Why would Scott Brown filibuster his own bill?

In the annals of bizarre Senatorial behavior, this has to be right up there (if you don’t count Larry Craig and David Vitter, that is).  HT to HesterPrynne for calling this to everyone’s attention.

Scott Brown (along with John Kerry, 4 other Democrats, and 2 other Republicans – actual bipartisanship!) is a co-sponsor of S. 493, the “SBIR/STTR Reauthorization Act of 2011,” known on the House side as “The Creating Jobs Through Small Business Innovation Act of 2011.”  According to the NIH’s legislative office,

S. 493 would reauthorize the Small Business Innovation Research (SBIR) and Small Business Technology Transfer Programs (STTR) for 8 years; increase the SBIR set aside to 3.5 percent over 10 years and increase the STTR set aside to 0.6 percent over six years; and allow small business concerns majority-owned and controlled by venture capital firms to be eligible for up to 25 percent of the SBIR funds.

Some fairly technical stuff, but basically, this is a jobs bill.  It’s also one that seems especially likely to benefit Massachusetts, as both the SBIR and STTR programs “help fund small innovative companies on the brink of new technologies and discoveries” – exactly the kinds of companies that we have lots of here, and that generate good jobs.  Indeed, as Scott Brown himself said just a couple of weeks ago while visiting a center in Cambridge devoted to start-ups and emerging businesses in connection with some different legislation,

“The businesses at work here have the potential to create new industries and jobs for Massachusetts,” said Senator Brown. “But these entrepreneurs need help converting their new ideas into jobs; that’s why I continue to push for pro-growth policies and have filed targeted legislation to speed their success.”

Makes total sense, and no doubt that’s why Brown co-sponsored S. 493.

But then he filibustered it.  WTF?  Why would you filibuster a bill that you actually co-sponsored?  Now, maybe there’s a perfectly good reason, like some evil amendment got slipped in or something.  If so, I’d love to hear about it.

Or maybe Scott Brown was doing what, sadly, he does a lot: following Mitch McConnell’s lead when not too many people are watching.  Sure, he likes the bill – that’s why he co-sponsored it.  But Mitch wants a filibuster?  OK, he’ll go along.  Wouldn’t want to annoy Mitch too much.

Pathetic.  Surely, Massachusetts can do much better.

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2 Comments . Leave a comment below.
  1. The McConnell reason is hard to believe

    because Brown would not have been the 60th vote that would have broken the filibuster. There were only 52 yes votes. There was only one not voting Democart (Akaka) who likely would have been there if he were the deciding vote. Incidentally NO Republicans voted for it.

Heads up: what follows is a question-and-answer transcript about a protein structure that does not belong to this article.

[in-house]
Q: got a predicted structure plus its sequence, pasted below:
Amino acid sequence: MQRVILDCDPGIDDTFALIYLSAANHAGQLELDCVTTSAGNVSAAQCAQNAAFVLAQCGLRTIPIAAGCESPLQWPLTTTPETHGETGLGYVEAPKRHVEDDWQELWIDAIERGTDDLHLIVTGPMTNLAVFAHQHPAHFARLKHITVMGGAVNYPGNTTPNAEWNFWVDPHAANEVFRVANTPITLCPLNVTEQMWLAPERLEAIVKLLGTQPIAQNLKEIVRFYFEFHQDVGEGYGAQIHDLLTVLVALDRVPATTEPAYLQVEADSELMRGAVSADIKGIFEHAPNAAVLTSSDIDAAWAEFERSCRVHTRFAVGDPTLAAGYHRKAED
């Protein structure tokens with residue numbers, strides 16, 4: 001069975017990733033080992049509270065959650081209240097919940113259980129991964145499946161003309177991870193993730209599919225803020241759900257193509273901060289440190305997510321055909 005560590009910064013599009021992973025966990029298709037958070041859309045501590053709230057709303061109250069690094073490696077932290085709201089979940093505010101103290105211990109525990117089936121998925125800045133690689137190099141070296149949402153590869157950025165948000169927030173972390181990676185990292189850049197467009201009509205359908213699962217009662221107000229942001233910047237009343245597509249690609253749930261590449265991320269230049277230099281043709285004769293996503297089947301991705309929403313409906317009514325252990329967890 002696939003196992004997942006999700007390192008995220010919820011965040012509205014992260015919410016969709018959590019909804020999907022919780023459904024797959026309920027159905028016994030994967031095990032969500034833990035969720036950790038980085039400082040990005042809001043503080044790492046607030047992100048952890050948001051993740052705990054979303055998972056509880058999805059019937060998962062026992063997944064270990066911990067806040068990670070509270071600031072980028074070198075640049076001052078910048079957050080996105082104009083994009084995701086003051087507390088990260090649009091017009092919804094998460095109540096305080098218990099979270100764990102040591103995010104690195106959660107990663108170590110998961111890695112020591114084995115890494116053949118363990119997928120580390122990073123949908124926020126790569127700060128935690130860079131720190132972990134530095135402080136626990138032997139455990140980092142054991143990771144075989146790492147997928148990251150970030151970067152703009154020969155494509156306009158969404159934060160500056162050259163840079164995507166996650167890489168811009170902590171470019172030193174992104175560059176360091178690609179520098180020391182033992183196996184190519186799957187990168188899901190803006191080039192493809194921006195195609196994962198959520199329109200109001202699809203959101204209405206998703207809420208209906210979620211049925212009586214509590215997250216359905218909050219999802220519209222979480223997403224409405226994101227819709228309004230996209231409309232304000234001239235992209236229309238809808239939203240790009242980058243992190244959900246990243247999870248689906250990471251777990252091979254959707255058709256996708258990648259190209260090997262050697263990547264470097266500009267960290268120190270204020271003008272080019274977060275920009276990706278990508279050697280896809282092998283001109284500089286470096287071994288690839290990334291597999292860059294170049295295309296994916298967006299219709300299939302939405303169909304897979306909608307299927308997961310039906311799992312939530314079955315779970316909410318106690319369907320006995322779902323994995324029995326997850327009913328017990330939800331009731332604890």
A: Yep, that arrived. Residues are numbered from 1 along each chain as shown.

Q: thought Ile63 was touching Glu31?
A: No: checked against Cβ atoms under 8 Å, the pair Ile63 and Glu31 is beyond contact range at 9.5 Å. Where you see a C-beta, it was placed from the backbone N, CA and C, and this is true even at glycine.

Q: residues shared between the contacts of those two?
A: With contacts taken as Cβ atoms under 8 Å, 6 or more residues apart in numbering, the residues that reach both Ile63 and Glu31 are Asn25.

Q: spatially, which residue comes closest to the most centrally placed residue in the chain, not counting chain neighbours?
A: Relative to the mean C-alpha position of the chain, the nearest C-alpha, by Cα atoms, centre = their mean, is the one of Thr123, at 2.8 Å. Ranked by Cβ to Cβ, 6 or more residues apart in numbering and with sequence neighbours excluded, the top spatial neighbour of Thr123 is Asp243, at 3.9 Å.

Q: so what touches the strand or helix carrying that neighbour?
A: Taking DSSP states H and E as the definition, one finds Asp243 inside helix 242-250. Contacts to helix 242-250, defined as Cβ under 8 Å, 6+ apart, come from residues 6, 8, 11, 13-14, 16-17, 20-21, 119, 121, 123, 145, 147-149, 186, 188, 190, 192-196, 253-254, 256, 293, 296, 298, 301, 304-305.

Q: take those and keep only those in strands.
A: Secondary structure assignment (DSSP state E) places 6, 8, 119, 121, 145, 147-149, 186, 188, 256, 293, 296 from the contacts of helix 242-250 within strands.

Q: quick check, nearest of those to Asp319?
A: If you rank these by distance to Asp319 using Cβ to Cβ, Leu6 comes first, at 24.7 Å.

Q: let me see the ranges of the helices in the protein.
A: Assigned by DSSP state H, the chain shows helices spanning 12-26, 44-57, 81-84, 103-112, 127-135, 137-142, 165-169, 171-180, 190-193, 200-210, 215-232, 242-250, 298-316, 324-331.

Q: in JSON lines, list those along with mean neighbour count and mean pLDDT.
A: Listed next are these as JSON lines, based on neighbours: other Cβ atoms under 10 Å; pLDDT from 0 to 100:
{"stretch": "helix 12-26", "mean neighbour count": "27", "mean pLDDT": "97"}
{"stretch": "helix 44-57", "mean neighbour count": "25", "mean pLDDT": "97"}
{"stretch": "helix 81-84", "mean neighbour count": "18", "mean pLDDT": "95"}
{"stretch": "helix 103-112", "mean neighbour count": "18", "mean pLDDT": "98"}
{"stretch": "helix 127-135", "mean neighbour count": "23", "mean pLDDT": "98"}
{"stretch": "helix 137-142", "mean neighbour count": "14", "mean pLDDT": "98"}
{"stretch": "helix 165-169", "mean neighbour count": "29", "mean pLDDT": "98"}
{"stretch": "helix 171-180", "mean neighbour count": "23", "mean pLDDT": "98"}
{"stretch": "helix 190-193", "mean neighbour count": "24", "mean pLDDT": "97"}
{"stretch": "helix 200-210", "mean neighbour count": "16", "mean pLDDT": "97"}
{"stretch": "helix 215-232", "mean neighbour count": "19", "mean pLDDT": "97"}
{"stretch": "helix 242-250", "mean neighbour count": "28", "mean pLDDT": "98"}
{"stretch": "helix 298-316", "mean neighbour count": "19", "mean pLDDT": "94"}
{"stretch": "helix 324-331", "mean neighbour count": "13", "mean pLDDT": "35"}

As to the amendments,
    2 of Coburn’s passed – and Brown voted for it.

    Inouye’s failed – Brown voted for cloture, the Republicans filibustered it.

    Then there were the 4 amendments on the EPA – all of which failed. Brown voted for McConnel’s and amendment to stop the EPA on greenhouse gases and Rockefeller’s to delay it for a year – and against the Baucus and Stabenow ones.

    It is hard to believe that Brown and Snowe would vote against the bill they worked on because they were angry that the Democrats defeated the EPA regulation. The Inouye amendment seems to be the only additional vote they lost – and it was the Republicans who stopped it. The listed purpose was:

    “To provide for the Director of the Office of Management and Budget to submit recommended rescissions in accordance with the Congressional Budget and Impoundment Control Act of 1974 for Government programs and agencies with duplicative and overlapping missions.”

    I tried looking at his Senate site, but found nothing explaining it – under legislation, all you get are links from Thomas – which say what happened, but nothing on the reason. Under press releases, agin nothing here in the month after he voted against it.

    I looked to see if he spoke on the floor – something I would expect if someone who was a co-sponsor and who “rose in strong support” of the bill on March 17 in a speech on the floor would explain his flip flop – when there seemed nothing added that he was against. But – no speech on that bill.

  2. NY Times explains

    Snowe and Ayotte were in the same situation: co-sponsors who voted to continue debate. Snowe was even a co-author.

    Here is the explanation:

    Snowe wanted to debate an amendment to this bill, but Democrats refused. All Republicans voted for a filibuster in protest, killing a bill at least some of them wanted. Dems eventually allowed the same amendment to be debated in terms of attaching it to a different bill, but the amendment failed.

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Tue 28 Mar 11:55 AM